Last month saw a groundbreaking double-header skateboarding event take place over two weekends in the Arabian Gulf. The WST World Championships are big staging posts on skateboarding’s road to the 2024 Paris Olympic Games, and with worldwide Covid restrictions largely lifted, this became the first opportunity to see which countries are taking skateboarding seriously post- Tokyo Olympics of 2020.
460 skaters were registered to enter from 60 nations, which is unheard of and much glossed-over, as was the professionalism and efficiency of the event organisation. This was a huge skateboarding event for the new era of international broadcast, and it was taking place not just in a new venue but a new region for professional skateboarding contests.
As you are doubtless aware, conventional sports such as tennis, golf and Formula 1 motor racing have long since created tour stops in the United Arab Emirates, but until now skateboarding has not, due in no small part to lack of international-standard skate facilities in which to hold one.
Enter the Aljada skatepark complex in Sharjah, next door to Dubai. The skateparks (3 major ones and beginner areas) themselves form the nucleus of a kind of youth entertainment hub around which a vast designed living project is being created. The hub, known as the Madar, is designed by the world-famous Zaha Hadid Architectural practice and also features drive-in movies, dozens of eateries, kids soft play area and so on.
So Amsterdam Am this is not, and given that there were contestants as young as twelve entering, perhaps that is no bad thing. The skateparks themselves are already forming a big regional draw, undermining the salty boy criticism that there is no domestic skate scene in the UAE (really? watch this) with both local dons like Karim Nasser and expat rippers like Germany’s Alex Mizurov leading the charge there.
The other thing which is overlooked of course is that many of the nations represented at these World Championships for the first time were there precisely because unlike Europe or the US they could travel to the Arabian Gulf without needing visas: Jordan, Iran, Uganda, Zambia, India all sent skaters to this World Championship, many of whom had never travelled to a skate contest before. Even in Copenhagen you aren’t meeting too many Indonesian or Thai skaters, let’s be honest. They all loved it.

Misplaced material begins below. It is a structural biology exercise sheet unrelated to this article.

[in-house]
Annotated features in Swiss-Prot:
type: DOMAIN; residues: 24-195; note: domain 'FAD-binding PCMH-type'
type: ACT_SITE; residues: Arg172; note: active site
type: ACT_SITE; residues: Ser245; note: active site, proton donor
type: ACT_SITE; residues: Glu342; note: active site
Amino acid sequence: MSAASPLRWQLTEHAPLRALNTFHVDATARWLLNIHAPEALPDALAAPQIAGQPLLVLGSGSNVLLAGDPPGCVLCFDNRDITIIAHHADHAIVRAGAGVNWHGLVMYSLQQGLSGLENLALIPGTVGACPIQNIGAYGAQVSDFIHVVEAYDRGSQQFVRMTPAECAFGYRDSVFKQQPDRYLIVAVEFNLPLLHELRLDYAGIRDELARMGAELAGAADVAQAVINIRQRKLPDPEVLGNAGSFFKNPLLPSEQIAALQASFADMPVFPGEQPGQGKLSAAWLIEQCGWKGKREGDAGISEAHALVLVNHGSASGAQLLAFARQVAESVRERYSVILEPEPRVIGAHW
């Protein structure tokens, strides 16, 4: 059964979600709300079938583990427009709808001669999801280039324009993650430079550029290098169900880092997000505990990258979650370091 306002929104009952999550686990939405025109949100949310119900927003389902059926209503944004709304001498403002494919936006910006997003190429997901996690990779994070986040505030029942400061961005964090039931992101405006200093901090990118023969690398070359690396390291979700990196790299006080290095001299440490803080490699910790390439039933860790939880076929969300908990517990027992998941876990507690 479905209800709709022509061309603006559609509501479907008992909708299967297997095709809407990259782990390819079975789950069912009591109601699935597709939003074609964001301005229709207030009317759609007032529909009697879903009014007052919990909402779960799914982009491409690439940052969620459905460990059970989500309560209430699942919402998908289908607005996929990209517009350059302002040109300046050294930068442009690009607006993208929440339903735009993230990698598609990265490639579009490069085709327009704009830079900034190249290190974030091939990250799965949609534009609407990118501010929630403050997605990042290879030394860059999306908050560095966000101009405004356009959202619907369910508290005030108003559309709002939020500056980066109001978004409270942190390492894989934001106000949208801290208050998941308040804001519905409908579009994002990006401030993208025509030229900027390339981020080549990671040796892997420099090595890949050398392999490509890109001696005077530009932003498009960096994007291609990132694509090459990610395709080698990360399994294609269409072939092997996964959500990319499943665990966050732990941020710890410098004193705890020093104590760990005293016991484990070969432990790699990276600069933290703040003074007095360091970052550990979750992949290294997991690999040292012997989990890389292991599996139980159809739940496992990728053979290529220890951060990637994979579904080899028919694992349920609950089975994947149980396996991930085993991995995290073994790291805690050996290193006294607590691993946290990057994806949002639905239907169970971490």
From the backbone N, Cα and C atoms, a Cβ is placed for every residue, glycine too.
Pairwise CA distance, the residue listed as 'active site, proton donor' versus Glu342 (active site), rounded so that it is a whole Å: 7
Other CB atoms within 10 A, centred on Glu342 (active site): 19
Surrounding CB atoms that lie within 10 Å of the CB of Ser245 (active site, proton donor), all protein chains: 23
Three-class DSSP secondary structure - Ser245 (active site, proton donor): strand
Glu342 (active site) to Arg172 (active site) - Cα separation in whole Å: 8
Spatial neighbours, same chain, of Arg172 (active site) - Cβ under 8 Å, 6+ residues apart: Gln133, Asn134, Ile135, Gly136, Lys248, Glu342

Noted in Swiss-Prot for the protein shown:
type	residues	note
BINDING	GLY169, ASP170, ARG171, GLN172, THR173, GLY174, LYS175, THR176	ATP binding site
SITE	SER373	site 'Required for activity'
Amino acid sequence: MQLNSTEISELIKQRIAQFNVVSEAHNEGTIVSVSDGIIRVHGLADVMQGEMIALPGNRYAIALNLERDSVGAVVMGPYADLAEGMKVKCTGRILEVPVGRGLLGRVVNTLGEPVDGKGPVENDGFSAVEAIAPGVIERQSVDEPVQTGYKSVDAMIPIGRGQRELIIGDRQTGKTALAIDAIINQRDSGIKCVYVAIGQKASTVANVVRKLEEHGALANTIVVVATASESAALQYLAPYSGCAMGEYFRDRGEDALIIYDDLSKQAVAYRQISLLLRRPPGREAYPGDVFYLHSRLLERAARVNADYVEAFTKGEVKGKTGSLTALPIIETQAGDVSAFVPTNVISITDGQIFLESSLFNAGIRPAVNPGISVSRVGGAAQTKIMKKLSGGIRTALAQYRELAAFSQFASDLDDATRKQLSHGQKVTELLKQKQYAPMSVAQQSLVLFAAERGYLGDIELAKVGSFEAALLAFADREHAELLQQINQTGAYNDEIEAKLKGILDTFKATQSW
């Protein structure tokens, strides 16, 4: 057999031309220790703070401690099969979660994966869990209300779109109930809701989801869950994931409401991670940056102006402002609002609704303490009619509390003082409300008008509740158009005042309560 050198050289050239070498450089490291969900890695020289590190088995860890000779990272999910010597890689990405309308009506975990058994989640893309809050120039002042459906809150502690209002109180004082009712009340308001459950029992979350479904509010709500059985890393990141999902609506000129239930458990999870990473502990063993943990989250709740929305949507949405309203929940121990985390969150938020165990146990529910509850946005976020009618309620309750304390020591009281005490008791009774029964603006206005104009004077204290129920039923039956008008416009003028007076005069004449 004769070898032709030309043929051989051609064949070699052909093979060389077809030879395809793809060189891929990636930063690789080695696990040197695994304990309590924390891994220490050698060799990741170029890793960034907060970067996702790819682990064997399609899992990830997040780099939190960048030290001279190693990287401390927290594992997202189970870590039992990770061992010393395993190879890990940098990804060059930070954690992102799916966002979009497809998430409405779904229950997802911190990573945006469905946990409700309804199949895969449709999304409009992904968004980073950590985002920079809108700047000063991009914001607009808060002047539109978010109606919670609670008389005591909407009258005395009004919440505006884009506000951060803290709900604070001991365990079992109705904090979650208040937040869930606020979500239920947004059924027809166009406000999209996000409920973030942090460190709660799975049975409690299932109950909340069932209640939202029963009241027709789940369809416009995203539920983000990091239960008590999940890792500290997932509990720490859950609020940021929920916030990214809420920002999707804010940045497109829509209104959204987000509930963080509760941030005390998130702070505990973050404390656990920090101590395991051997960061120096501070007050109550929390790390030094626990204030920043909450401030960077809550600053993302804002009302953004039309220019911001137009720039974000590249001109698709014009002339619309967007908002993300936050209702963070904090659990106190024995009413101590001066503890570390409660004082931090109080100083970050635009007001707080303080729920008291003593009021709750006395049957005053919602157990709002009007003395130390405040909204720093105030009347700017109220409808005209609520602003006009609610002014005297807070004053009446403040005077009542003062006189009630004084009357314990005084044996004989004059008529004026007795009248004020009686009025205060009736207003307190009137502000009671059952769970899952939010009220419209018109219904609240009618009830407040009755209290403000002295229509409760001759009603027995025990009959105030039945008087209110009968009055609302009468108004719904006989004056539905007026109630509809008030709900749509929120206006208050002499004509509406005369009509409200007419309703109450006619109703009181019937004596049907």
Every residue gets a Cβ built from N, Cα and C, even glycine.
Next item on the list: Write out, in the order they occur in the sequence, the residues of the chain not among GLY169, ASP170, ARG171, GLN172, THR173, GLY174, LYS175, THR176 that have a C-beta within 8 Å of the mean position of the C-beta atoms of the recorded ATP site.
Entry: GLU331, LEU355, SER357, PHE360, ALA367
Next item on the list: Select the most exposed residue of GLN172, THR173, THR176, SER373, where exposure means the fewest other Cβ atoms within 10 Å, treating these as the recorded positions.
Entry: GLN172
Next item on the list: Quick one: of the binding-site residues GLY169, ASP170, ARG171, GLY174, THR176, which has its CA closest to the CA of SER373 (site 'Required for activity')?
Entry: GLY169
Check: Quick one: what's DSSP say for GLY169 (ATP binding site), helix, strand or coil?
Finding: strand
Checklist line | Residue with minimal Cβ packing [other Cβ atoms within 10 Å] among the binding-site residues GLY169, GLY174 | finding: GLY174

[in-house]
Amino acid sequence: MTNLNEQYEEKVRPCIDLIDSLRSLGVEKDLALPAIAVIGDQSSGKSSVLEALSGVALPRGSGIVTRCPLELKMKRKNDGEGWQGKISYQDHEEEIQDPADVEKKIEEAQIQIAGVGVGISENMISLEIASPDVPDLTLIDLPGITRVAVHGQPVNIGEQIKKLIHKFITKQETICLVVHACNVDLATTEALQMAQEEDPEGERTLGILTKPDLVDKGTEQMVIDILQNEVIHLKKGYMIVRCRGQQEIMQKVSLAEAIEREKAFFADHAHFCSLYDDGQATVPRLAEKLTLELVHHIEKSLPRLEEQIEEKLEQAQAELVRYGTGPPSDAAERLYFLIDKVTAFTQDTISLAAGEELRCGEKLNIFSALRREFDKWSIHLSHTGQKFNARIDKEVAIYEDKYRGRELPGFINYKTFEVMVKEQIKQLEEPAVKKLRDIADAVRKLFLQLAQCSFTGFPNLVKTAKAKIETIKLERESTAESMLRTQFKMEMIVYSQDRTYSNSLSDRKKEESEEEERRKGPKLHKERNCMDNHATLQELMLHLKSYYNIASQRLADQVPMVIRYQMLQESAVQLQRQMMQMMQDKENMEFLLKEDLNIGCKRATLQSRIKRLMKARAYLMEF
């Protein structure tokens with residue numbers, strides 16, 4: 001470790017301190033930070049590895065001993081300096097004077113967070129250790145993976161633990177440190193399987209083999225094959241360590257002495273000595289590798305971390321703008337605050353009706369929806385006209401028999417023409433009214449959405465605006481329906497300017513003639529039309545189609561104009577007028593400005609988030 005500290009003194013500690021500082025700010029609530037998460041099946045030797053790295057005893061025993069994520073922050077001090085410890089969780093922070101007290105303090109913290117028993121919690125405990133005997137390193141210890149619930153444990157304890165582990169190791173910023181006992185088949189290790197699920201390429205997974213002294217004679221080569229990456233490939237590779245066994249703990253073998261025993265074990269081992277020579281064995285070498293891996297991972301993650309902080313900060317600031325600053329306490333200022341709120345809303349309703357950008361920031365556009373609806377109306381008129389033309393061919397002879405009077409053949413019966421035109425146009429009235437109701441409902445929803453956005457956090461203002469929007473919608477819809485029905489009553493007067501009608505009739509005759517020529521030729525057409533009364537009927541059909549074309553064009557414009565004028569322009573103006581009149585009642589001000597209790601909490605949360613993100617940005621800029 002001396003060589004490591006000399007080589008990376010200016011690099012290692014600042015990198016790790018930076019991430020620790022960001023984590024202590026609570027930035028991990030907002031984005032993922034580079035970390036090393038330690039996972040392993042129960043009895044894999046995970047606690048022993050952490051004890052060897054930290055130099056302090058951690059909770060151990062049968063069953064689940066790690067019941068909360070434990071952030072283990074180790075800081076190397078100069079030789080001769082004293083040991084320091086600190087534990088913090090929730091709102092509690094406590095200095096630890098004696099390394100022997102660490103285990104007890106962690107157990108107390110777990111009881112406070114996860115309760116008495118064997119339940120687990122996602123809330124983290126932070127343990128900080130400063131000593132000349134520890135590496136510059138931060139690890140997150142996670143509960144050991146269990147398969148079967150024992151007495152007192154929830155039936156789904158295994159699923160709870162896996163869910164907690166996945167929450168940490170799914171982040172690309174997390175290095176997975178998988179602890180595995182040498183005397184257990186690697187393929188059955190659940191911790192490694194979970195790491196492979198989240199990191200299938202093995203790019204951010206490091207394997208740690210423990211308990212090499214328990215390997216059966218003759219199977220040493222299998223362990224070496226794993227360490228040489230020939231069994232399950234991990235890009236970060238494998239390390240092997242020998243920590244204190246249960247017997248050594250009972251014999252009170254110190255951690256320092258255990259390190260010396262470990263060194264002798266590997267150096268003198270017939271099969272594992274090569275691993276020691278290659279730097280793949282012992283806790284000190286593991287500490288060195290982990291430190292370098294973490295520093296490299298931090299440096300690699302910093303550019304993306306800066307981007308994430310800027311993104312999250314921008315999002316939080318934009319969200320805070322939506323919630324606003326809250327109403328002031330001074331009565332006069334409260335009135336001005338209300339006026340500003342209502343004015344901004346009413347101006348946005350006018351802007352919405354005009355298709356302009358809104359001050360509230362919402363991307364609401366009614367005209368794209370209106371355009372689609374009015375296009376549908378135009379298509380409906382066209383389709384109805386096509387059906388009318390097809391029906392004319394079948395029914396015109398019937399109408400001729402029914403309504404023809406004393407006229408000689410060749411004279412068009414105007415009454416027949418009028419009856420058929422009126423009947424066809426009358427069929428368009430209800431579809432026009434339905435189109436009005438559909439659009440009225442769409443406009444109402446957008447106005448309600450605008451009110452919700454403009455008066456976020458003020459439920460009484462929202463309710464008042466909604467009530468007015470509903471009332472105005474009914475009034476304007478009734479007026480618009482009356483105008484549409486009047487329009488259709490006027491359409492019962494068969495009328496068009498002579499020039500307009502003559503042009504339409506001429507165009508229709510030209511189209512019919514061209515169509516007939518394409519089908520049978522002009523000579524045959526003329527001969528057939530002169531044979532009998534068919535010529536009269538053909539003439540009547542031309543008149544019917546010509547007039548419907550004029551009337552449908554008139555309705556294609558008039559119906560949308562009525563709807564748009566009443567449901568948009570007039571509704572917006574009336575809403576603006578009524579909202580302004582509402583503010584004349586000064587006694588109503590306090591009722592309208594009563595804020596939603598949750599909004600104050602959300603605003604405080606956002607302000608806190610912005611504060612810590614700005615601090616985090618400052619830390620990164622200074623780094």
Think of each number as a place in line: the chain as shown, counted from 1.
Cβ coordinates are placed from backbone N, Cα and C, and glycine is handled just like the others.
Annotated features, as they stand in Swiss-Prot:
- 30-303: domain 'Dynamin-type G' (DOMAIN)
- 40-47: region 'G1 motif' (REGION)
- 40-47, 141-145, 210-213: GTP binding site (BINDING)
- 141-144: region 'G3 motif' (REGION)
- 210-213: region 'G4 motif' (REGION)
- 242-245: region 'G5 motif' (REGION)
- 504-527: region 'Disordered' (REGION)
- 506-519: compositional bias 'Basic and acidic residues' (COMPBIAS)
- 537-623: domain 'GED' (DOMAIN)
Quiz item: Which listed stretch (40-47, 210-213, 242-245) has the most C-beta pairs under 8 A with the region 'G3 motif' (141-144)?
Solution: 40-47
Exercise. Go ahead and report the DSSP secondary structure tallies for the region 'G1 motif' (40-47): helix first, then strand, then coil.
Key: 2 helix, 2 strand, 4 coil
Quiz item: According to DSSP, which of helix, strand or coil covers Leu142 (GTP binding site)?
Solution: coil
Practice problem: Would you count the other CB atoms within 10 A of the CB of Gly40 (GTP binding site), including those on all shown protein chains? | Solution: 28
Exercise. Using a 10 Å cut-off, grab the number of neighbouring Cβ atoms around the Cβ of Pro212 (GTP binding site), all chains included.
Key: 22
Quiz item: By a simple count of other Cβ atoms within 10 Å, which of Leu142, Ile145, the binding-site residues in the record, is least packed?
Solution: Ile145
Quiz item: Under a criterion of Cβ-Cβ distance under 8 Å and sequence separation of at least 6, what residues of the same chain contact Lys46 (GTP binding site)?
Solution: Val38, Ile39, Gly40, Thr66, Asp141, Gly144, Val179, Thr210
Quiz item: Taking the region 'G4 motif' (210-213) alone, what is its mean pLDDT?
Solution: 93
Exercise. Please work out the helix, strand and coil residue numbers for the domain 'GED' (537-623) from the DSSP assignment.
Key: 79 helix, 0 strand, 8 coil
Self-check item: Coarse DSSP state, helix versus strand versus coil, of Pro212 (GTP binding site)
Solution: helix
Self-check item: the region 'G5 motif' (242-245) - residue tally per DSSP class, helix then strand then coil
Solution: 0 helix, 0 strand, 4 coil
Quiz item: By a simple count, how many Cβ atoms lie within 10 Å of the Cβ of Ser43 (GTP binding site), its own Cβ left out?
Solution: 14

With the Street contest taking place on the first weekend of two under ambient floodlighting for the broadcast public, Brazil’s Rayssa Leal and France’s Aurelien Giraud became respective World Champions with all attendant bragging rights for the next twelve months, and then a week later in the adjacent mega-bowl (and it really is a whopper) Britain’s Sky Brown and USA’s Jagger Eaton did the same for Park in a couple of high-energy, high stakes finals which went out live globally via the Olympics Youtube, Red Bull TV and World Skate TV.
Given the current near-collapse of conventional mainstream skateboarding sponsorship opportunities, the newly-launched World Skateboarding Tour of which these World Championships form but one leg on the road to Paris 2024 represent both a platform and an opportunity for skateboarders outside the Thrasher bubble to both see a bit of the world and raise their profiles; skateboarding’s nominal ‘core’ is accordingly, privately, paying close attention to how it develops.
Next stop for the Park strand of the world tour is in Argentina this coming May, and Street in Italy come June. We will keep you posted on both!
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